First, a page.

I know that’s unorthodox. I hope it’s okay with you. I think it’s the right thing for me. I’ve done it before.
For almost all of human history, our species has failed to cooperatively produce a paradigm that approaches a fair game everyone gets to play. Everyone loses when we fail to integrate everyone’s talents into our world.
The American Experiment has always been tumultuous, and it’s moving (far too slowly) towards a more perfect union. There’s nothing more quintessentially American than the paradox built into believing society’s on the verge of regression, and yet freedom is the key to a better tomorrow.
The solutions to problems create new problems and the future absence of current problems creates space to discover new problems. Things get a lot better, a little worse, and it all feels bad.
The past is pitiful, the present’s a work-in-progress, and the future’s bright.
I’m learning about storytelling techniques, building tools that make amazing storytelling accessible to everyone, and designing authentically emotionally honest organizations.
If you’re into those things, please reach out! I answer every email I receive.
Ever a generalist, I’m deeply addicted to optionality, and like many addictions, mine has led me to do some surprising things.
Like my mom, growing up in a rational-analytical household taught me many things in life yield to reason with enough effort. My sister and I earned pocket-change by calculating change due faster than the cash register whenever our mom transacted commercially. I spent hours on my own revising designs and coding my third grade class’s intranet website, broke the algorithm for an online CPG sweepstakes that earned sixth grade me a C&D from Evian’s attorneys, and finally got expelled from seventh grade for distributing my own (unfortunately offensive) rap mixtape online. The worst heartbreak I’ve ever experienced I earned by enthusiastically responding to my beloved’s emotional calls with tight analytical refutations (sorry,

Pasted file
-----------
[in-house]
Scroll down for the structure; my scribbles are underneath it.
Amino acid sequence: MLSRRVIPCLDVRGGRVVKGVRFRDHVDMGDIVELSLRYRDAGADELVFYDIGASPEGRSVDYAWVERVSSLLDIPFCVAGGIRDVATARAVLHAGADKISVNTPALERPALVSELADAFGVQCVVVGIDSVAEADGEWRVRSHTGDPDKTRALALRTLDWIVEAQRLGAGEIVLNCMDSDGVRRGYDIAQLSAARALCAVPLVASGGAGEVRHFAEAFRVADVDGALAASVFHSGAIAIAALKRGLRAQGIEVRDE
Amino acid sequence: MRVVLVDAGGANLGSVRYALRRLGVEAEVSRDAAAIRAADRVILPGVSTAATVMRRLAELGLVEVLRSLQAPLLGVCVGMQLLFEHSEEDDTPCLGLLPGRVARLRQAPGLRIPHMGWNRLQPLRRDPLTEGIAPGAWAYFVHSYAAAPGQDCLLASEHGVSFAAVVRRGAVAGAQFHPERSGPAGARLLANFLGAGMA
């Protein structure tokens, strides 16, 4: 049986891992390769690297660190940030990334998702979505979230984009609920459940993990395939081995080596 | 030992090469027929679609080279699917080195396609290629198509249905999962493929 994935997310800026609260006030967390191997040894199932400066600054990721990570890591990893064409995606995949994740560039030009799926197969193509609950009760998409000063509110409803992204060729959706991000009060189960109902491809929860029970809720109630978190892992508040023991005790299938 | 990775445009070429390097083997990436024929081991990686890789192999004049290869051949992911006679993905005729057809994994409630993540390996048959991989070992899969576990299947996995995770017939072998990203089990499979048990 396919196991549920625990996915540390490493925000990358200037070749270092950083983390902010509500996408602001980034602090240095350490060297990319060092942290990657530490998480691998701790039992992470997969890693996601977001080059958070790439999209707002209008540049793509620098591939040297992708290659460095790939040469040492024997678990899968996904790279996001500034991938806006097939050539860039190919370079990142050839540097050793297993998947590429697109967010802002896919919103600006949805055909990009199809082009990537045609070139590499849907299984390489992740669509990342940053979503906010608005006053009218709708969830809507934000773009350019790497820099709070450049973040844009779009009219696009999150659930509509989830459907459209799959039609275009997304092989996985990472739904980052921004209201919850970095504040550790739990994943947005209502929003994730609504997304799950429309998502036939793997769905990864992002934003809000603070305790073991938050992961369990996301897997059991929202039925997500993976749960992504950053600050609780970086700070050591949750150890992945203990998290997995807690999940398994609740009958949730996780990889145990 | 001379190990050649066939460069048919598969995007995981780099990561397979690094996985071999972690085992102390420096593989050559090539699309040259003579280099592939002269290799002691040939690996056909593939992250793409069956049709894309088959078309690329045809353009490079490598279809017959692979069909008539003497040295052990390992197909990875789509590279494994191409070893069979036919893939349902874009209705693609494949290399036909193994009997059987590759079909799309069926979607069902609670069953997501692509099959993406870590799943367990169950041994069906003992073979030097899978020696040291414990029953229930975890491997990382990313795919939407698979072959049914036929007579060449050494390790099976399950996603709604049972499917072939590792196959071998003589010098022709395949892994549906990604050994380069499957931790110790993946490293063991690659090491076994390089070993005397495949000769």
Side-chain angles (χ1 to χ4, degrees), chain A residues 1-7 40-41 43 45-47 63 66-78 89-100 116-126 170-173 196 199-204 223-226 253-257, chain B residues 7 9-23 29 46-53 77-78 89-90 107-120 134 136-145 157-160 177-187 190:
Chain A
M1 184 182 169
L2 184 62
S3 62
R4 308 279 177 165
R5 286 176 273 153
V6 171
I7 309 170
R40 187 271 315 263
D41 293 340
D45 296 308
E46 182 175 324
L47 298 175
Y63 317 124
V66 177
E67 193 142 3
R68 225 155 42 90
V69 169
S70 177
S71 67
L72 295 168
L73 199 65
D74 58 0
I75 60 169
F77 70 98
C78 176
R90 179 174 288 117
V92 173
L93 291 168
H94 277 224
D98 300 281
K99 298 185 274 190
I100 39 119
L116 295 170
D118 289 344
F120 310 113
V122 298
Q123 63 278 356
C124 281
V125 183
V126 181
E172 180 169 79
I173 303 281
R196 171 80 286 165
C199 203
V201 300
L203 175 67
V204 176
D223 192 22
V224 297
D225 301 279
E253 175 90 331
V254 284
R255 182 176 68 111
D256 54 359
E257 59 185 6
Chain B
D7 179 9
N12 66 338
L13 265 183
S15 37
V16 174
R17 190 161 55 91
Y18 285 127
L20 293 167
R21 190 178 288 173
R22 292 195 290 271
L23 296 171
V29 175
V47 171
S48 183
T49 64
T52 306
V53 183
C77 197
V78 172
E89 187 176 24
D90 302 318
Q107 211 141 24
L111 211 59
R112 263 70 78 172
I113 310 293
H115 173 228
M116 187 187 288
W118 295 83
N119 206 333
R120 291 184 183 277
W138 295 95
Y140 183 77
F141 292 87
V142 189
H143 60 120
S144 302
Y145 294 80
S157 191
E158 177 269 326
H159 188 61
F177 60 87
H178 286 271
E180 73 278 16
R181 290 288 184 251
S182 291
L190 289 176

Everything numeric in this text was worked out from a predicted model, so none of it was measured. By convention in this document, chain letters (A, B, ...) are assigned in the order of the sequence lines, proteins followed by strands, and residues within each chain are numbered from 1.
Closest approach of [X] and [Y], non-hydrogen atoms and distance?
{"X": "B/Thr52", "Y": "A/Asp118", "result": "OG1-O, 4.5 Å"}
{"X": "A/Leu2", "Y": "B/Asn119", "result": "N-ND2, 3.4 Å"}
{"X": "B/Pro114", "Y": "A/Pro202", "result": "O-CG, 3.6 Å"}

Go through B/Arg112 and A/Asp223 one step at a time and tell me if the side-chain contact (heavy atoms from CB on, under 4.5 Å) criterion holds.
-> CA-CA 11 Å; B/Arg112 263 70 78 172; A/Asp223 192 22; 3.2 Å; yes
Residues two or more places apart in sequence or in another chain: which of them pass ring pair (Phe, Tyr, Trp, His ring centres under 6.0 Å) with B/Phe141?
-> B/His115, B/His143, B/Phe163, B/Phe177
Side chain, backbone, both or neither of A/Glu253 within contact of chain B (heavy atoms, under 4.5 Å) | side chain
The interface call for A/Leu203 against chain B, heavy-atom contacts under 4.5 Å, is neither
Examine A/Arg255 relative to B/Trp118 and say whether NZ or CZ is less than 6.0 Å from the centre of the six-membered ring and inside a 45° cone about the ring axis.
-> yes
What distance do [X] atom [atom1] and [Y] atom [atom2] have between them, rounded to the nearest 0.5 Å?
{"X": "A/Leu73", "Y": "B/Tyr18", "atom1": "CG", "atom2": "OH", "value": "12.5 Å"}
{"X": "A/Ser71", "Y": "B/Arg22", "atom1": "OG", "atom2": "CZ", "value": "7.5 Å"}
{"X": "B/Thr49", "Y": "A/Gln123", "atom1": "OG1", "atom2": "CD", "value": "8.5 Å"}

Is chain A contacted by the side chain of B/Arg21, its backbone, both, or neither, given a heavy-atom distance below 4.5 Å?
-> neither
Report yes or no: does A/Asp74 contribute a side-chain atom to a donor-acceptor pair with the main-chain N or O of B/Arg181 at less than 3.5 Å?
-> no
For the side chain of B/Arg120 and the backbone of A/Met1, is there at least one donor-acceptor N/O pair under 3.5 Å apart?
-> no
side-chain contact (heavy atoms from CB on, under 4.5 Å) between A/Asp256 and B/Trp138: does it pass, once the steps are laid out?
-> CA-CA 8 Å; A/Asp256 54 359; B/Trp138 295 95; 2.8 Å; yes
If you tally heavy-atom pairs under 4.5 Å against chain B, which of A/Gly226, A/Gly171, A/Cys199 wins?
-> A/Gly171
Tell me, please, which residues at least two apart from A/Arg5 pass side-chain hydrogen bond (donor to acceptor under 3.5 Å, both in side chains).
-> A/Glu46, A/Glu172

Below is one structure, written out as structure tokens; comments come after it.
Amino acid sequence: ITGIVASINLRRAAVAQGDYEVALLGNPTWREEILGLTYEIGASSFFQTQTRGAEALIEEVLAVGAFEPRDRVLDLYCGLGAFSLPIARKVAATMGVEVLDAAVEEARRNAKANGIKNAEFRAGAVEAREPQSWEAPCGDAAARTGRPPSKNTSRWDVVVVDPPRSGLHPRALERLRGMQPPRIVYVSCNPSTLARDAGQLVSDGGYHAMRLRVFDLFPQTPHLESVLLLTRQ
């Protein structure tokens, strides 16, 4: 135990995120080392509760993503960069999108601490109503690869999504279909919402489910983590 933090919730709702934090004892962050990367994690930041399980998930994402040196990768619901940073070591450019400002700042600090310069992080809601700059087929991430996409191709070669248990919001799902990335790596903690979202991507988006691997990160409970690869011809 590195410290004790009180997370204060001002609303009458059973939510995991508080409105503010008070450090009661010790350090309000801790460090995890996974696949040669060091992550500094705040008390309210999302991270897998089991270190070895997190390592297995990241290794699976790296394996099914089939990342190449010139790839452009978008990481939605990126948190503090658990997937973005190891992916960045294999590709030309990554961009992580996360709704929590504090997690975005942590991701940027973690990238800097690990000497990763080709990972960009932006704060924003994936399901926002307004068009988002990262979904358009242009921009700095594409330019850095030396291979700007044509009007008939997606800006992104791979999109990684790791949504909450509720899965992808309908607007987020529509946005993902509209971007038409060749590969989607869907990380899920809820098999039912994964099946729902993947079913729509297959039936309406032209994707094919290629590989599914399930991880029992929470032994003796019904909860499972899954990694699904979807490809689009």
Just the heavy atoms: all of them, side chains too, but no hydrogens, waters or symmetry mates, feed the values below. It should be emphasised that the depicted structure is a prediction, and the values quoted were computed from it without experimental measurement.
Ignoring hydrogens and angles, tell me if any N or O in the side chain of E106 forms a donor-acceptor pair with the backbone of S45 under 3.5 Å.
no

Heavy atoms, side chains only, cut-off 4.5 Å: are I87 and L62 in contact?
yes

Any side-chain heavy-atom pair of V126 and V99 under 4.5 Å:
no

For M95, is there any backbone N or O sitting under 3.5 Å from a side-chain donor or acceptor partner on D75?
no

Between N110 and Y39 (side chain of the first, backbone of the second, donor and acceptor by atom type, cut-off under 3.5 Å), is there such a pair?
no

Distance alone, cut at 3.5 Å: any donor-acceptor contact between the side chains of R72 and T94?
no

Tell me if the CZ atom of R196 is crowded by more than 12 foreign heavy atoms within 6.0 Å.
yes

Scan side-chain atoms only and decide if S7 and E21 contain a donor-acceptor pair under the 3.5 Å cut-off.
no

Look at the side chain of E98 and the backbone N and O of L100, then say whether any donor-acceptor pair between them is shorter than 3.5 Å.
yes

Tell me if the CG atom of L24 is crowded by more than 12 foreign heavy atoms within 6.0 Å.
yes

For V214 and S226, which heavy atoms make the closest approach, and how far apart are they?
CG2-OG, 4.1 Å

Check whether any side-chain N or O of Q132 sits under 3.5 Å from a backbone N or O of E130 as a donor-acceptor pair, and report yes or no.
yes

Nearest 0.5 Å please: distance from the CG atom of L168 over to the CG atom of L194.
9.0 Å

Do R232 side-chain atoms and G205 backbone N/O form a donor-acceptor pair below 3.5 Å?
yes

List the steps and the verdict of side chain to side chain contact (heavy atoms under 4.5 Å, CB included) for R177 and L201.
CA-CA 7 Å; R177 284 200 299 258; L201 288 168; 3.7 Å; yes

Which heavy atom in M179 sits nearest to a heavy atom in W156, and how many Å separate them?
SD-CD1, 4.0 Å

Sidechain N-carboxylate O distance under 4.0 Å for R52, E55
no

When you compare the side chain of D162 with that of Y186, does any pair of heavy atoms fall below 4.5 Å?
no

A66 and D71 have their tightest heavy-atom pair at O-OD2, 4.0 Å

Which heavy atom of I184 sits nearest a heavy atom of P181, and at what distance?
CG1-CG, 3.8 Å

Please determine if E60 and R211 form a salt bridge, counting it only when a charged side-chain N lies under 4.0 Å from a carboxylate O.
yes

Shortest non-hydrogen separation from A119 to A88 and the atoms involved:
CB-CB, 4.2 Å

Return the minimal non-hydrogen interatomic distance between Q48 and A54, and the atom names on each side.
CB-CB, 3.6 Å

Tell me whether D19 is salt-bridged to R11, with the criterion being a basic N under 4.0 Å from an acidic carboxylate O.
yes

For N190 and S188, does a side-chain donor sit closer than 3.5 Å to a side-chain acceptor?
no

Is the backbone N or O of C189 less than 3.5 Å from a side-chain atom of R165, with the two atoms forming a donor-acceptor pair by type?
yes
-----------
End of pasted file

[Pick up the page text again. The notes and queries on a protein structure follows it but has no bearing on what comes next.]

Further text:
Like my caregivers, growing up part of a community taught me generosity as default. I’m proudly an engaged empathetic listener, an enthusiastic cheerleader, and a deliberate judge. I’ve received untold help from unrecognized people and won’t fail to appreciate how favorably fortunate has smiled upon me. Maya Angelou said it best: “your crown has been bought and paid for, put it on your head and wear it” (this is really hard for me). My candle’s flame exists to light others’ candles.
Like my dad, growing up in New Orleans taught me to enthusiastically feel love for life. I get covered in sauce at mealtime, dance (poorly) when there’s music playing, shout loudly about my teams at sporting events, laugh from my belly anticipating a punchline, and cry buckets when things don’t work out in my communities, for my friends, or for my family. I fall in love easily: with plates of food, lyrical cadences, cozy ambiances, surprising conclusions, and especially with curious, confident women.
I’ve been a visual fine-artist back to my earliest memories. Computers have been a constant companion. Epicurean pursuits have been the dominant pastime of my adulthood. My iTunes library’s 25,000+ songs, I’ve attended hundreds of concerts, and I love every genre of music except metal variants. I’ve visited 25 countries across four continents. I spent ten years learning French, followed by ten years forgetting French. I’m very easy to get along with (I think).